What do we want students to know about the middle ages?
My review of what I teach about the middle ages continues at a glacial pace. There are so many different angles from which to approach curriculum planning it is hard to settle down and make a start.
Michael Fordham Fordham suggests that one approach might include generating a list of essay style-questions. Perhaps 100 for Key-Stage Three. What might these questions read, uniquely, for the Middle Ages? I concur with Fordham that there needs to be a transition between the Middle Ages and the developing ‘Early Modern’ period post-1485. There might be questions that explicitly refer to this and indeed the full Millennia wide teaching of the key stage. But what of the Middle Ages alone?
My thinking has also been shaped by discussions surrounding ‘fingertip’ knowledge and ‘residual knowledge’. In light of my recent reading of Making Good Progress? the idea of planning for what students must know in the long-run, what we want the residual knowledge to be, seems to be a valuable starting point for planning. This would then need to be integrated with the disciplinary knowledge that students should be expected to pick up through the way that this historical content is taught.
When thrashing out what ‘residual knowledge’ we want pupils to have in the future, we need to have an eye on the next chapter of the story. I remain of the view that pupils need to be able to orient themselves in time, they should have a basic chronological overview in their head. This will involve frequent comparisons between historical periods to pinpoint their unique properties. This would hopefully generate a ‘chronological compass’ for pupils as well as giving some narrative logic to the development of Britain over the last thousand years or so.
With all of these considerations in mind, might I propose the following goals for teaching Medieval history, as something of a starting point. I certainly intend to refine these, and populate them with more specific historical content, that should hopefully fulfil these aims. That is the next question: what knowledge of the middle ages is ‘cumulatively sufficient’ to meet these goals?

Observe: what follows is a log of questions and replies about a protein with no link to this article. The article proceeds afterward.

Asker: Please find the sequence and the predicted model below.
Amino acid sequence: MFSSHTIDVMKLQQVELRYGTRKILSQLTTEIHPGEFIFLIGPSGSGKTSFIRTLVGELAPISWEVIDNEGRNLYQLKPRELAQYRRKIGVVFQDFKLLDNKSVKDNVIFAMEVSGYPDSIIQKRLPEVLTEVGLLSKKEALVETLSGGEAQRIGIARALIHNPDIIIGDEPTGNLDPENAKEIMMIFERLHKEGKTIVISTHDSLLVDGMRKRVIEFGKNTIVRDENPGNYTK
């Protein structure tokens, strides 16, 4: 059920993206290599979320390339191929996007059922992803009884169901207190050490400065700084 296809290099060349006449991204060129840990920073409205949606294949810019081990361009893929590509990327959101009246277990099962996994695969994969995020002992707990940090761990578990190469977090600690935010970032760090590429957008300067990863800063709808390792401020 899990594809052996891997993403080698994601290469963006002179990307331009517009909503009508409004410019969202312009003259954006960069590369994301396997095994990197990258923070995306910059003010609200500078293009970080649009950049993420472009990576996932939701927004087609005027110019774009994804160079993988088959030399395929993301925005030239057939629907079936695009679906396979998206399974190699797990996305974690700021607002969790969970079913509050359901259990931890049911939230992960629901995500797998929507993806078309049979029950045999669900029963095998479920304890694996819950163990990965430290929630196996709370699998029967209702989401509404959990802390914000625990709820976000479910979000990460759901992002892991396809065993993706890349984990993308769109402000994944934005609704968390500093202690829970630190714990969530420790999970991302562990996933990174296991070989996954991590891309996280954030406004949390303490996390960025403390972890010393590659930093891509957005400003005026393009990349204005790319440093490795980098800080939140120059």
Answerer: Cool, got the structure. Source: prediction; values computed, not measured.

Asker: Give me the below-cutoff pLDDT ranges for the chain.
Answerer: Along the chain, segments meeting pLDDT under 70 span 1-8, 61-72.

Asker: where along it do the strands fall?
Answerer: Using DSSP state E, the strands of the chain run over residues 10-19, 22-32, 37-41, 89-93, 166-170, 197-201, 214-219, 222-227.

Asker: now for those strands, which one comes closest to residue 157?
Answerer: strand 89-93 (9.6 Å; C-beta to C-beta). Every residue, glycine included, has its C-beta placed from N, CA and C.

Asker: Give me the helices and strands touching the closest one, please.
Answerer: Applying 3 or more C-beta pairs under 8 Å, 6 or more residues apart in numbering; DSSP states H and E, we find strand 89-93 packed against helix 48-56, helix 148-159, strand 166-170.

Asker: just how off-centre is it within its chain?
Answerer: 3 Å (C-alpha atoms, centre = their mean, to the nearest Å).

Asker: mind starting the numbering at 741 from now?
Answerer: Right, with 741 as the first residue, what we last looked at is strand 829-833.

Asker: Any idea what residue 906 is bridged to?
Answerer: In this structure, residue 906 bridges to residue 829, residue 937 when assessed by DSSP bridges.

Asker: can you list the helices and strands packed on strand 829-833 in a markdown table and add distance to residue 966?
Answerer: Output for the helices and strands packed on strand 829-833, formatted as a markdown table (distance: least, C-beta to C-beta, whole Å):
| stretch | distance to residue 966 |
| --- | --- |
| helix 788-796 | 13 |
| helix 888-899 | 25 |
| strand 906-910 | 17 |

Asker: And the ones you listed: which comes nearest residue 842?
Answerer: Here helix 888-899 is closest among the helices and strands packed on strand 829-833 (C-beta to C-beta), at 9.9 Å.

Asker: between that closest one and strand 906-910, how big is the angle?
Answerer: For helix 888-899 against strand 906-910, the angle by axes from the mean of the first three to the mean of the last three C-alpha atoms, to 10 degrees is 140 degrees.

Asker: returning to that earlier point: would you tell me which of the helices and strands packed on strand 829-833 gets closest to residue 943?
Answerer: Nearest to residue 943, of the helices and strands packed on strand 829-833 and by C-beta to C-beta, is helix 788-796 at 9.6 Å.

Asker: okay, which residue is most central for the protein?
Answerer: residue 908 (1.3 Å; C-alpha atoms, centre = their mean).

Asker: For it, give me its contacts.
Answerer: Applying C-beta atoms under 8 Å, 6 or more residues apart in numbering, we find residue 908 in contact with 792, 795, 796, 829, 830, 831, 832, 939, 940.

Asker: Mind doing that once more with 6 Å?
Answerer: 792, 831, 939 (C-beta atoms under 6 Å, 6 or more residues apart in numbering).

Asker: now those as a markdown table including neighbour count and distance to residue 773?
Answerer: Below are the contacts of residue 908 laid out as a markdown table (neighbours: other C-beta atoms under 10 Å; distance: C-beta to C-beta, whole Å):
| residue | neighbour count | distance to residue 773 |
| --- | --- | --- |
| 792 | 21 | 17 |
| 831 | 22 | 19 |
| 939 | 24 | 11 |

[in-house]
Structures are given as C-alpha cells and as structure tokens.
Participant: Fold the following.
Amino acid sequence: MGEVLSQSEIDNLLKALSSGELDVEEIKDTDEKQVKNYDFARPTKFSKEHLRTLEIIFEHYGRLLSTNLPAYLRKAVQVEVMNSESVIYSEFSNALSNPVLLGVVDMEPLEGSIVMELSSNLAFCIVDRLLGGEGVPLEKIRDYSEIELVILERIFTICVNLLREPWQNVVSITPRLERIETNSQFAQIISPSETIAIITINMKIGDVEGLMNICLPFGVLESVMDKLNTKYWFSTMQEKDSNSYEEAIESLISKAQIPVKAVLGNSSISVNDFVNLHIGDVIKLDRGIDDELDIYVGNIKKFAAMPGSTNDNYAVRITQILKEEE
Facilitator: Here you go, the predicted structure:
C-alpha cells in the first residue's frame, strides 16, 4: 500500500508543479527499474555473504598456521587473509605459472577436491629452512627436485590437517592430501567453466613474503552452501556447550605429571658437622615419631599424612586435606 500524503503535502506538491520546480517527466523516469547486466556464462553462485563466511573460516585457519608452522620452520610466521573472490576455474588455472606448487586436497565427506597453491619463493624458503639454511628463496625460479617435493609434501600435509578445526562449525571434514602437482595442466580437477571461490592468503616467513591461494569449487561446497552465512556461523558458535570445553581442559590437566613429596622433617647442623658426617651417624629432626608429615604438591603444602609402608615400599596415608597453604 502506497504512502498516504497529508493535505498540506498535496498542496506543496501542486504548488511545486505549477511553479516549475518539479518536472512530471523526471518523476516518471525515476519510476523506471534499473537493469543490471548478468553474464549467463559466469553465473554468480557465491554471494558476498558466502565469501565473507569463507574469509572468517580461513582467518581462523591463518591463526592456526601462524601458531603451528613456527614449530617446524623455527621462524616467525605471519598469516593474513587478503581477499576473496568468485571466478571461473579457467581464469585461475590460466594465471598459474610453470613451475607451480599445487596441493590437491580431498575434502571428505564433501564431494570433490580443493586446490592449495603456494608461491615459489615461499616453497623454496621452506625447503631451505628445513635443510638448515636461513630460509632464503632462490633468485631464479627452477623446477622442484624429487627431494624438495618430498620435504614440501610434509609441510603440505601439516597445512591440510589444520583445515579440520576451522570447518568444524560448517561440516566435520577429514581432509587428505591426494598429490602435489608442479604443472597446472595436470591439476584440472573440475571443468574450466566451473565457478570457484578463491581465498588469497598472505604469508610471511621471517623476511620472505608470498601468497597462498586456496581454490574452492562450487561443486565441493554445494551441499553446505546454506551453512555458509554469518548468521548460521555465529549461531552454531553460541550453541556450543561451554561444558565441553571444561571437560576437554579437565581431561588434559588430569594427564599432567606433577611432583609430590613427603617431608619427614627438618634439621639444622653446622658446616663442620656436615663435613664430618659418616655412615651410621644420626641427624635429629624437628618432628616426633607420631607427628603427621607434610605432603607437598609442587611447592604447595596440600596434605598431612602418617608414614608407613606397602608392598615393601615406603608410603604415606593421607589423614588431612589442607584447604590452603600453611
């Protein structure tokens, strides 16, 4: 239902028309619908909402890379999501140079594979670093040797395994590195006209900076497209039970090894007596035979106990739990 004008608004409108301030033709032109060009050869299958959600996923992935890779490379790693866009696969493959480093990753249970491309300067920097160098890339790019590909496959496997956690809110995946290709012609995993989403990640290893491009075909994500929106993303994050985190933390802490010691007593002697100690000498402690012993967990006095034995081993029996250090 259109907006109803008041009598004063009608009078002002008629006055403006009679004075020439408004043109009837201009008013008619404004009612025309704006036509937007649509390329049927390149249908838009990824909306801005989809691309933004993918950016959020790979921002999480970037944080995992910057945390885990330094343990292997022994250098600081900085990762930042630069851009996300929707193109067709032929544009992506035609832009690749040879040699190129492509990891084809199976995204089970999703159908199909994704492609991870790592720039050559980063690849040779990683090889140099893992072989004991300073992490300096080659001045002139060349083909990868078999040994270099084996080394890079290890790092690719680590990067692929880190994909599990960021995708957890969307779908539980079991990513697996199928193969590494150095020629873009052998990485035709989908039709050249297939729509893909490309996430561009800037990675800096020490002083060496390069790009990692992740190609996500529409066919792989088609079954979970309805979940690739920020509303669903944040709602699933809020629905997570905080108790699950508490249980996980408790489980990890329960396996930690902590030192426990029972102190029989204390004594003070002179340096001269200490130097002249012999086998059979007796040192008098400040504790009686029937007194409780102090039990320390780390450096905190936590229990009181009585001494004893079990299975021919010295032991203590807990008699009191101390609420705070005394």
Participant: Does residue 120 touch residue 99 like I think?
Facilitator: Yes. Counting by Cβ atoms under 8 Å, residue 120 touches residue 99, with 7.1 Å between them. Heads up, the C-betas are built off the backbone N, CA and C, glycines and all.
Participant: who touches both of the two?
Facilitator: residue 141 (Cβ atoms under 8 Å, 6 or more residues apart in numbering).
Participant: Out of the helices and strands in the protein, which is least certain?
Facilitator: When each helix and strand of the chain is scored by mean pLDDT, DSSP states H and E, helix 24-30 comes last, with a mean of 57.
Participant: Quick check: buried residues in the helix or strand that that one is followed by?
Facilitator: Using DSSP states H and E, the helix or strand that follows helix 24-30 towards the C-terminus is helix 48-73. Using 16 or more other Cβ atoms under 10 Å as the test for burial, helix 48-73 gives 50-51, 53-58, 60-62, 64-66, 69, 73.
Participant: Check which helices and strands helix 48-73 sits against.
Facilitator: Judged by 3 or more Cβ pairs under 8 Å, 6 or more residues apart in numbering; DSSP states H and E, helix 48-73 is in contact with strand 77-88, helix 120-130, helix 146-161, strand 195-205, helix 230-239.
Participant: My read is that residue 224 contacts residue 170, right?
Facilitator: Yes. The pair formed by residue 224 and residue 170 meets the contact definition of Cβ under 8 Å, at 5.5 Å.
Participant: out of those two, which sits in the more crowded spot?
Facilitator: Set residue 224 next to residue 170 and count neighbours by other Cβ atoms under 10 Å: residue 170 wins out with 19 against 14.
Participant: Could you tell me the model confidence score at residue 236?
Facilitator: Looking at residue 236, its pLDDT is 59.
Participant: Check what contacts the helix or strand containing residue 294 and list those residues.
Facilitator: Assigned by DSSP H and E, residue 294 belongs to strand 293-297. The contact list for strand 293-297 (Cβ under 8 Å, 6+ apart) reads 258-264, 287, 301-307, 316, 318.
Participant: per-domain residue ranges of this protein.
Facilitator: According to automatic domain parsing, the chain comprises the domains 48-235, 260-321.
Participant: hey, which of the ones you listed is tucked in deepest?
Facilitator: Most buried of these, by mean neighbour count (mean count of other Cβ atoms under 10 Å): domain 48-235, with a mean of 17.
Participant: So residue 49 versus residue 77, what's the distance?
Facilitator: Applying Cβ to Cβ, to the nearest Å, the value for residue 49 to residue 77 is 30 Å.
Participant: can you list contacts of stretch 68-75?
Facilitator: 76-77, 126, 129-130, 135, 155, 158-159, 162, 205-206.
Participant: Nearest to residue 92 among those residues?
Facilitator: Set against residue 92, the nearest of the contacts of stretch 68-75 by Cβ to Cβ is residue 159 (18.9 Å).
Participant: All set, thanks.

Some goals for teaching medieval history:
Students should know that:
- The Church, the King and the Nobility competed for power ‘at the top.’
- England’s peasants lived complex lives & contested for power themselves
- Power, wealth and ideas in England were shaped by events outside of her own borders*
- There are few sources available for life in the Middle Ages. Much information has been extracted from few particular sources.
- The Middle Ages’ legacy is joined up to events in the Early Modern period and indeed to life today.
*In proposing this, my thinking is shaped very much by Robert Winder’s superb Bloody Foreigners. I am painfully aware that my subject knowledge here is not what it should be. There are, therefore, likely to be gaps which I hope readers will fill.
This knowledge could perhaps be framed in the following essay-style questions:
- What was the role and influence of the Church in Medieval England?
- To what extent did it change?
- Who really governed Medieval England?
- How fair is it to speak of a ‘typical peasant experience?’
- How do historians know about life in the Middle Ages?
- How was England shaped by its invasions?
- What event served to change Medieval England the most?
- What feature of the Middle Ages has left the strongest legacy?
- What marks the Early Modern Period as distinct to the Middle Ages?
These questions might then be added to and adapted after considering what events, knowledge and sources are essential and what content we might be more selective about, but might add up to sufficient answers to these questions.
So. Three questions to be getting on with:
- Is this a valid approach to curriculum design?
- Are these goals comprehensive and historically valid for teaching the Middle Ages at KS3?
- What knowledge of the Middle Ages is independently necessary and cumulatively sufficiently to meet these goals?